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From "Michael J. Segel" <mse...@segel.com>
Subject Re: Ability to create a unique index on the same column, doc bug or "bug" bug?
Date Tue, 23 Aug 2005 03:16:31 GMT
On Monday 22 August 2005 15:33, Susan Cline wrote:
> In the 'Create Index' statement documentation of the 10.1 Reference Guide
> this statement is made about creating unique indexes:
>
> Indexes and constraints
>
> Unique, primary key, and foreign key constraints generate indexes that
> enforce or "back" the constraint (and are thus sometimes called backing
> indexes). If a column or set of columns has a UNIQUE or PRIMARY KEY
> constraint on it, you can not create an index on those columns.
>
> However, this SQL succeeds and does create two unique indexes on the same
> column:
>
> First I ran this SQL:
>
> CREATE TABLE APP.table5 (
>   col1 CHAR(3) NOT NULL,
>   col2 INTEGER,
>   col3 VARCHAR(28) NOT NULL);
>
> Then I created a unique index called idx1 first:
>
> CREATE UNIQUE INDEX "APP"."idx1" ON "APP"."TABLE5" ("COL1" ASC);
>
> Then I added  a primary key:
>
> ALTER TABLE "APP"."TABLE5" ADD CONSTRAINT "myprimkey" PRIMARY KEY (COL1);
>
> This added an additional unique index, a backing index:
>
> CREATE UNIQUE INDEX "APP"."SQL050822005949400" ON "APP"."TABLE5" ("COL1"
> ASC);
>
> So either this is a Derby bug, and the second index should not be
> created, or the documentation needs to be updated to say that if a unique
> index exists, but a primary key is added to a column with a unique index it
> will succeed.
>
Its not a bug.
> If I first create a primary key, which subsequently adds the backing index,
> then I try to add the unique index it does fail.  This behaviour does jive
> with the documentation.
>
Yes and no.

Yes, this is what is supposed to happen.
No, while it doesn't "jive", its not to say that the documentation is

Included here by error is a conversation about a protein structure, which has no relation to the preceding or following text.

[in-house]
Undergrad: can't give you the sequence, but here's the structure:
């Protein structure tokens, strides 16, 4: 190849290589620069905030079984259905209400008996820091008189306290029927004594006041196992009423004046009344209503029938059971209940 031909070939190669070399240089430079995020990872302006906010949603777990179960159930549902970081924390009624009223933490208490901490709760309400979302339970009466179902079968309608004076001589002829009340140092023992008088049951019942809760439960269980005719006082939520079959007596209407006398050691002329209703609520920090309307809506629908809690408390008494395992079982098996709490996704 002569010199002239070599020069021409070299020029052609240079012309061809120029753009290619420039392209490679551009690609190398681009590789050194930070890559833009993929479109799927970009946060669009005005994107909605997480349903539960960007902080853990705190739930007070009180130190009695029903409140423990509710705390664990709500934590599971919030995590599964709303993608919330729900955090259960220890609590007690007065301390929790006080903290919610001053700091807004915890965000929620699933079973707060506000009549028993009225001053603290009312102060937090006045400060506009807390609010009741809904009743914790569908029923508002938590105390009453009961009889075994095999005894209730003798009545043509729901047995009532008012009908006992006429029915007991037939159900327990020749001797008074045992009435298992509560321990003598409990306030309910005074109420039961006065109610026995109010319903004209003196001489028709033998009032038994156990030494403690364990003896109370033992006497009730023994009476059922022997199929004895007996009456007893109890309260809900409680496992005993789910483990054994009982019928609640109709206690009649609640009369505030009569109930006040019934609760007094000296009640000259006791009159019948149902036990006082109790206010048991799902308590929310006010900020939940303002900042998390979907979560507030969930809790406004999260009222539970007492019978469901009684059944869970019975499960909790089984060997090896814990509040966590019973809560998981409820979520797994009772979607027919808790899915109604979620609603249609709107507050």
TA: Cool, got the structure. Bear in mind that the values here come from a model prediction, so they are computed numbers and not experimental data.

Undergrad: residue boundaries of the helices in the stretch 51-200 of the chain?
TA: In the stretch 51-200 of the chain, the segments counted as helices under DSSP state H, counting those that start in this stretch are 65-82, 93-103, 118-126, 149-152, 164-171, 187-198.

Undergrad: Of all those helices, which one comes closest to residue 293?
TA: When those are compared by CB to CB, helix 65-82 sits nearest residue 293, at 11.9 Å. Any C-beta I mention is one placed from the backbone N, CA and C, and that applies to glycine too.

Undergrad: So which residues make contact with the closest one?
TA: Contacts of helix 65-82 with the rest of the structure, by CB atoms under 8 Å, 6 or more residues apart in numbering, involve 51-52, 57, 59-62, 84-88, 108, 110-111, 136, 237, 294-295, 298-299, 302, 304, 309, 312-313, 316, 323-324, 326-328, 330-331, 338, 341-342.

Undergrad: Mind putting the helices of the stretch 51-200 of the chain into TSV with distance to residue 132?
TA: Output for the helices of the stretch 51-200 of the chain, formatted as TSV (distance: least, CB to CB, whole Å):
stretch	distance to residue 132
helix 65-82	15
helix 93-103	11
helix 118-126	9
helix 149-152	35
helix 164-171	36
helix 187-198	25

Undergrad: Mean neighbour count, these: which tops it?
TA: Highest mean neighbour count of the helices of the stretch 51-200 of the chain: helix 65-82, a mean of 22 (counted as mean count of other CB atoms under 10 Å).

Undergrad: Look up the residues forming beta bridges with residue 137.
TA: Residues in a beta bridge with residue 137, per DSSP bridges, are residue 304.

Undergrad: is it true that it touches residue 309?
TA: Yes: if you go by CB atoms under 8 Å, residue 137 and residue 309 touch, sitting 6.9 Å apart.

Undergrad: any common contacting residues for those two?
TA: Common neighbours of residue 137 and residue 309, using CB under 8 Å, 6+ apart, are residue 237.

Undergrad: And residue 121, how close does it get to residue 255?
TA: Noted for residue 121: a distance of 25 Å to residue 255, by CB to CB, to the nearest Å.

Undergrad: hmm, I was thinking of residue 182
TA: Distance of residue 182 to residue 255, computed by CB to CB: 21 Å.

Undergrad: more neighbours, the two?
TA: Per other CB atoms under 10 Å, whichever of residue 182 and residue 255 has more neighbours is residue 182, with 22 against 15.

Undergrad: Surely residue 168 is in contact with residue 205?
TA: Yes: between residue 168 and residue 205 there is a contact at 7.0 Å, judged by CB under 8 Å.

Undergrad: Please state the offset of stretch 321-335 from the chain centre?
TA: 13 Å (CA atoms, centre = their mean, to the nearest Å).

incorrect... ;-)

What you're looking at is a design issue.

There's a couple of issues at work. The ALTER TABLE statement, indexes and 
constraints.

Consider this... You create a table foo, with two columns, bar and retz.
bar is an integer, retz is a character string.  You populate the table so it 
looks like this:

Foo:

BAR	RETZ
1	"abc"
2	"def"
3	NULL
4	"jam"
...
Now you then apply an ALTER TABLE command to restrict column RETZ from 
containing NULLS.

The question is... should the ALTER TABLE command fail because you've already 
added rows that have NULL?

Ok, that was a rhetorical question. The answer is no.  The ALTER TABLE command 
should succeed and any new data added would have to pass that constraint on 
RETZ to see if the value is NOT NULL. So if you insert the pair (10, NULL), 
it would get rejected, however the data pair (3, NULL) can exist within the 
table, just don't update that row. ;-)

In general the design issue is that when you apply a constraint to the table, 
you ignore the current data that resides in the table, and only apply the 
constraint to data that has been added after you altered the table.

The same can be said for the indexes. 
This is really a design issue. KISS applies. ;-) 
At some point, you have to trust that you have a real DBA and that he/she 
knows what they are doing. ;-)

Does that make sense? 

I guess if you want to get fancy, you could set up some logic that would check 
to see if the index already exists and then utilizes that index and just adds 
the constraint, but as I said, KISS applies. Why over complicate things?
(What do you think this is, DB2?) 
[Yeah, I know.  Gumby is back. ;-) If anyone from IBM wants to give me a hard 
time, you've got my e-mail address. ;-]
-- 
Michael Segel
Principal
MSCC
(312) 952-8175

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